Recycling program could be too costly for the city
After digging a little deeper into what it would take to provide recycling services in Craig, the city may find the costs too steep to move forward.
Earlier this spring, Craig and Moffat County officials started looking into the possibility of restarting a community recycling program.
“We haven’t forgotten about recycling; we are still looking into it,” said Road and Bridge Director Trevor Campbell.
In preliminary conversations, the city wanted to explore starting a small program that would accept cardboard and aluminum — two of the most viable materials — with the ability to scale the program up over time.
Campbell, who oversees Craig’s Solid Waste Division, emphasized previously that the city would wants to put together a program where materials were being recycled in the most efficient way possible.
The model that Campbell was exploring would have a single drop-off point — possibly at the previous recycling site or at the city landfill — where materials would be collected. The next piece of the puzzle would be finding how and where to transport the goods for processing.
Campbell was utilizing expertise from Waste Diversion specialists with Yampa Valley Sustainability Council to find ways to process materials locally. YVSC was also considering helping with staffing at a recycling collection site in Craig.
After initial conversations about restarting a recycling program, Campbell took a tour of Twin Enviro, Milner Mall and Waste Management, nearby facilities outside of Milner where recycled materials from Routt County are currently being collected and stored for processing.
Campbell presented his findings from the tours at a combined city and county meeting on Wednesday, July 13. Campbell said if this is a service that the city wants to provide, there is going to be a cost to it.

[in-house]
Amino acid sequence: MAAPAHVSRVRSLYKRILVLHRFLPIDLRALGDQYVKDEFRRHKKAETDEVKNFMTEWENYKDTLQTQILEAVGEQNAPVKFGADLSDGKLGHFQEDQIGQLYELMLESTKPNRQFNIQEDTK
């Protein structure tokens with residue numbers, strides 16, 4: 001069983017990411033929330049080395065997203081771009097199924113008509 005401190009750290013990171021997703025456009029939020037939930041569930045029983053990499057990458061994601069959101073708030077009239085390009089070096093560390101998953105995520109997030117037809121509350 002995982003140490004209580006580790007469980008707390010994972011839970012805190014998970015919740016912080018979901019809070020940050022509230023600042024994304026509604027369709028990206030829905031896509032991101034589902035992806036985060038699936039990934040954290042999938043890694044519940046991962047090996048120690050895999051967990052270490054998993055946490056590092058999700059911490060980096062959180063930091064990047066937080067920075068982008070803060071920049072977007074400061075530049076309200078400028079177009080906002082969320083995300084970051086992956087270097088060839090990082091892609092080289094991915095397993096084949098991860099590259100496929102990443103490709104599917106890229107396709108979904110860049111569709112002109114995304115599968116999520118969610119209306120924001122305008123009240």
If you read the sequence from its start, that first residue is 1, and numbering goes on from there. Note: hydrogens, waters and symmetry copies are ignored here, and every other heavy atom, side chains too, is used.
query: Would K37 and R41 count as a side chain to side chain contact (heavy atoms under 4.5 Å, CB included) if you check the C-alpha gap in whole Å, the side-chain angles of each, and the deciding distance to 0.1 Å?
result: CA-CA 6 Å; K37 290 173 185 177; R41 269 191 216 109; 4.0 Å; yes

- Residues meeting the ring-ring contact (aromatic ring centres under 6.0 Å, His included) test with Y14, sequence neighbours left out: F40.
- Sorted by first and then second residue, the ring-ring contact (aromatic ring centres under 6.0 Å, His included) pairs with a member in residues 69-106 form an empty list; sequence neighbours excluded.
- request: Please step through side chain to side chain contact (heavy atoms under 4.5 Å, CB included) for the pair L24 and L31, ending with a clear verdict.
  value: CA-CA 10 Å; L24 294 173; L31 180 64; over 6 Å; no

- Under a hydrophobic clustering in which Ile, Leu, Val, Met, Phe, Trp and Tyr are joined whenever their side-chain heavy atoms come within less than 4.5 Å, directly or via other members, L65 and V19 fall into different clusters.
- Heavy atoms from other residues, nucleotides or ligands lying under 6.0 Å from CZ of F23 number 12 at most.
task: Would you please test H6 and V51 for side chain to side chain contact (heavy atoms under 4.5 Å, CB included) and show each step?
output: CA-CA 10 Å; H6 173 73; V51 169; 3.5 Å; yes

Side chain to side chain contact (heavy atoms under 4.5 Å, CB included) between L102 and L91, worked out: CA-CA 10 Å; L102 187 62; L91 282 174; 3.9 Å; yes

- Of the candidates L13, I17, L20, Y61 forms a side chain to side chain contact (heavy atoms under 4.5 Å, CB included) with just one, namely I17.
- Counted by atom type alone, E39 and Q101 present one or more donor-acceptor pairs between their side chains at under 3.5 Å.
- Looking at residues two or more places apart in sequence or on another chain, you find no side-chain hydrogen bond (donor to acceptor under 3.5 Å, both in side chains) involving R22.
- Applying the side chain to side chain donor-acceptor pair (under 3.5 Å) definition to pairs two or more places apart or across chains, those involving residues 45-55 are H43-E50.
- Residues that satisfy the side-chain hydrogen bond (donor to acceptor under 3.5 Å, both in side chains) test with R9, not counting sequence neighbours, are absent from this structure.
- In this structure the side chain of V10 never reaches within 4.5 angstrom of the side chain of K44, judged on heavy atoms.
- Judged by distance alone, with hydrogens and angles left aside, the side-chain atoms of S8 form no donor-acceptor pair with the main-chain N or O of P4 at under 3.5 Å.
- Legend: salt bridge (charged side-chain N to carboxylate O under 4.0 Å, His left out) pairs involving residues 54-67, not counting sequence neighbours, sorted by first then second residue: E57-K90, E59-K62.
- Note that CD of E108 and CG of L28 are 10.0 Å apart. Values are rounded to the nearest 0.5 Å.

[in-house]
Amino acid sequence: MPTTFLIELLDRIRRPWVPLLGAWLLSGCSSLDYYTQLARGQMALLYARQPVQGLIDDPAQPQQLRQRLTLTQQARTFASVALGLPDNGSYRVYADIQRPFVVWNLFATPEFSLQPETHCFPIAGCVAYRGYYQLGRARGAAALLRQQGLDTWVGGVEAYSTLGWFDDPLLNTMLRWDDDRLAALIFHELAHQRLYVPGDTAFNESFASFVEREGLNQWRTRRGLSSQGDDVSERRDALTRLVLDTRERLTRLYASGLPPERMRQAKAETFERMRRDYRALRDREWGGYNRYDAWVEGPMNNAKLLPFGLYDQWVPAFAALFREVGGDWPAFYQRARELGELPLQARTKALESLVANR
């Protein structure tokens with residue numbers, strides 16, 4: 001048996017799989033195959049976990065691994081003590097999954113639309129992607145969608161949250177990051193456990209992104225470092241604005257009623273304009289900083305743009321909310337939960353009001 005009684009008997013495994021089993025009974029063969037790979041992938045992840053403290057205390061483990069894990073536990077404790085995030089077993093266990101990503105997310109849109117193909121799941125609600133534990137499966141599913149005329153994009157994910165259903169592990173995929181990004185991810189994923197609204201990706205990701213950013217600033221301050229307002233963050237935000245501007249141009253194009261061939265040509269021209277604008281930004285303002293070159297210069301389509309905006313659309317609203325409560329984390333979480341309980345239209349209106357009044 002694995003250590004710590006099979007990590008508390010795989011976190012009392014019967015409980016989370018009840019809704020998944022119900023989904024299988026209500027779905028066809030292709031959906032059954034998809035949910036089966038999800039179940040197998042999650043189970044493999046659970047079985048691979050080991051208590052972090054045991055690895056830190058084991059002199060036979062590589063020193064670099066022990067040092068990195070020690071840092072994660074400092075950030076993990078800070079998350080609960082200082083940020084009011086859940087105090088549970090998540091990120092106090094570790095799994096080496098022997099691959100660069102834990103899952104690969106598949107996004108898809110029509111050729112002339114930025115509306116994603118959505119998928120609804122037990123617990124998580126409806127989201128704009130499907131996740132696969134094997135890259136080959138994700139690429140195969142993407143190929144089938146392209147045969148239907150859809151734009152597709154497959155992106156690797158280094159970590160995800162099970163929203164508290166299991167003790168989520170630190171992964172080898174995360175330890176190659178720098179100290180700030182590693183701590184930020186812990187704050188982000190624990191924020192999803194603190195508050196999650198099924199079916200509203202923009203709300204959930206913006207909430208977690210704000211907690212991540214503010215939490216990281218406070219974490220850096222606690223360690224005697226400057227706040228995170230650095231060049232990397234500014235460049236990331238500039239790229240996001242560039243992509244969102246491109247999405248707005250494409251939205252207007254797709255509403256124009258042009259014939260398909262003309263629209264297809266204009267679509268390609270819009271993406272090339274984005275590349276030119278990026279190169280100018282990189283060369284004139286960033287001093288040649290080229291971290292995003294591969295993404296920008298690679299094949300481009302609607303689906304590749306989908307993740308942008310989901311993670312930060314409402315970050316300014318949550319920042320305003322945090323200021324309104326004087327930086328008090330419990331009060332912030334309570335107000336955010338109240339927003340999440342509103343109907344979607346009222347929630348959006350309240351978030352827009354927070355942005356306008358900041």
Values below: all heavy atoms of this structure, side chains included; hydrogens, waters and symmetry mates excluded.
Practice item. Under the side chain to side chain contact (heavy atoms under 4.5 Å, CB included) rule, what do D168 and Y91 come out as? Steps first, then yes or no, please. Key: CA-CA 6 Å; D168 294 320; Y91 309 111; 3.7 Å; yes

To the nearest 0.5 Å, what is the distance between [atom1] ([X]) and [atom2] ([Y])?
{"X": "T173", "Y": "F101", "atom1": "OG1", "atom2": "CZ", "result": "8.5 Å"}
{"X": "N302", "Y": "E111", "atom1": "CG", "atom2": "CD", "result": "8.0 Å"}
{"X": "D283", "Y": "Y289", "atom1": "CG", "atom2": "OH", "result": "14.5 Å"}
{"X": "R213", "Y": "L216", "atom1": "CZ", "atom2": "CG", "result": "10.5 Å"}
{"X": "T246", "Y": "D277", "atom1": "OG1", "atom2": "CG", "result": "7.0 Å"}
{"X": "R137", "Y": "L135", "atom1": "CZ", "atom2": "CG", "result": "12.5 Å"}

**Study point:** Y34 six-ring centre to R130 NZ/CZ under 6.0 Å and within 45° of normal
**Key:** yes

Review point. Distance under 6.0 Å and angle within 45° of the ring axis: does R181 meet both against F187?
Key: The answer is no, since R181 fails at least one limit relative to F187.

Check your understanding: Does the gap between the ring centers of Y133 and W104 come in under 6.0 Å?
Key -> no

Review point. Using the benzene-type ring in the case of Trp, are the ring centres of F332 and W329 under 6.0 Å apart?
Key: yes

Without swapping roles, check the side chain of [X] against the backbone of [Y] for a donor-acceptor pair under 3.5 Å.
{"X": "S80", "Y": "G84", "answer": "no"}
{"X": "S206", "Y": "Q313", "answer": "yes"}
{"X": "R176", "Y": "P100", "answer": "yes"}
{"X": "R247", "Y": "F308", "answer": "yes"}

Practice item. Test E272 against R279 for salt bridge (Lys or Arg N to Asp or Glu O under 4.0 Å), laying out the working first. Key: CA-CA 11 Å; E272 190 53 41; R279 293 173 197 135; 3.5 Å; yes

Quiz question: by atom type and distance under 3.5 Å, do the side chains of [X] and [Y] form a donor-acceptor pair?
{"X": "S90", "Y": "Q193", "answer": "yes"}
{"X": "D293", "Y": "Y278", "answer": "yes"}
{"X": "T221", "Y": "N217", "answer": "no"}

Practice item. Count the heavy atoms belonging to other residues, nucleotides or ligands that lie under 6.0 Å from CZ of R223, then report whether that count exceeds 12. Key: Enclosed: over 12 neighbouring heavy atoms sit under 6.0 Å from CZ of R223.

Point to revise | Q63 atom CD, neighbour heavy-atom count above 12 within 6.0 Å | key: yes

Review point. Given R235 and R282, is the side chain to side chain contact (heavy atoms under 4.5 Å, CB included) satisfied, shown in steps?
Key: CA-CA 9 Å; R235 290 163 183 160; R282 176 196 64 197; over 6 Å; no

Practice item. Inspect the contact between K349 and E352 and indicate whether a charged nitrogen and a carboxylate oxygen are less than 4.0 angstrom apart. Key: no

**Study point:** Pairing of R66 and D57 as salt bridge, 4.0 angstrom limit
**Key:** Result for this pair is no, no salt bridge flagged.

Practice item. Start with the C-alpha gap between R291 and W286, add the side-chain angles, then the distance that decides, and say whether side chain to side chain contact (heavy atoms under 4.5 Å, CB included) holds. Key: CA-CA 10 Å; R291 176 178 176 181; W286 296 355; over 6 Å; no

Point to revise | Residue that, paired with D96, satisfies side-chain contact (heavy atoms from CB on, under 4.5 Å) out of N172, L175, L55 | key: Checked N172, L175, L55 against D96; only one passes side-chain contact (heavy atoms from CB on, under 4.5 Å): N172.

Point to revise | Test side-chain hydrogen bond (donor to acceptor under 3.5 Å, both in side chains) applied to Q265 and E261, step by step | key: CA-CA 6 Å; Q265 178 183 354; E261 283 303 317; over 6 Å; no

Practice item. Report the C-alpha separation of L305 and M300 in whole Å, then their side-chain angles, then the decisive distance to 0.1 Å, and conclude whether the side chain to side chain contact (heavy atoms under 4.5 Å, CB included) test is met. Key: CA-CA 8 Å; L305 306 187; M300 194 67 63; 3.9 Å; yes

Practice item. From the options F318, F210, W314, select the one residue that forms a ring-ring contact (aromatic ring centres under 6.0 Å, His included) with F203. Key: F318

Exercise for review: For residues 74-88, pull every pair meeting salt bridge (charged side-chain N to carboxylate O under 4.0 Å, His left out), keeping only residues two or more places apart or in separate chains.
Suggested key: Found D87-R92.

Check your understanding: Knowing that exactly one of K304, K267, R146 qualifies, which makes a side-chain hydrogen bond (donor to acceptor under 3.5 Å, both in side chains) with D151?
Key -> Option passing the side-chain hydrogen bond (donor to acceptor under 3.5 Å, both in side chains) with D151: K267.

Both of the local facilities have a single-stream recycling operation where all of the materials are mixed together during collection.
Campbell said that neither of these entities would be providing recycling services if it weren’t required because it’s not a profitable operation. Steamboat Springs has a mandate that requires trash services to provide recycling services at no additional cost to the customers.
Also, there is a cost associated with sorting and processing recycled goods, regardless if it is done locally or shipped elsewhere.
Most of the locally collected materials are shipped to a facility on the Front Range for sorting, cleaning and processing. For this service, there is a cost per ton for transport and processing. A third party gets a return by selling the materials.
Campbell estimated this method would cost the city approximately $100,000 per year, with 80% of that estimated cost going to shipping and the transportation of materials. The other 20% would cover staffing for collection and overseeing materials prior to shipping.
“I am not saying that recycling is not an option, but it is going to cost money,” Campbell said.
Campbell said that if the city wanted to recoup costs for materials directly, it would need equipment to manage and bail recyclables, warehouse space to store the goods waiting to be sold and personnel to oversee the operation.
“There is still more research to be done,” Campbell said. “And the city would have to get creative in finding ways to recoup money from the program.”
During the initial conversations, Campbell wanted to try to find a solution for recycling that would not create an increase in user fees. But some communities charge for commercial recycling and have a free centralized place for residents to drop off recycling. Other communities raise fees for the city landfill to support a recycling program.
During the combined meeting, council member Paul James said he can’t support a project that would increase the cost of living for people in the community, to which several council members agreed.
Some expressed concerns about the rate of contamination with current processing practices. The average contamination rate for recycling is between 25-30%. Council members said they were hesitant to support outright costs for a program that would not be 100% effective.
“Until we get more community support and willingness to pay for it, then I don’t think we have enough budget to cover a service like this,” council member Chris Nichols said.
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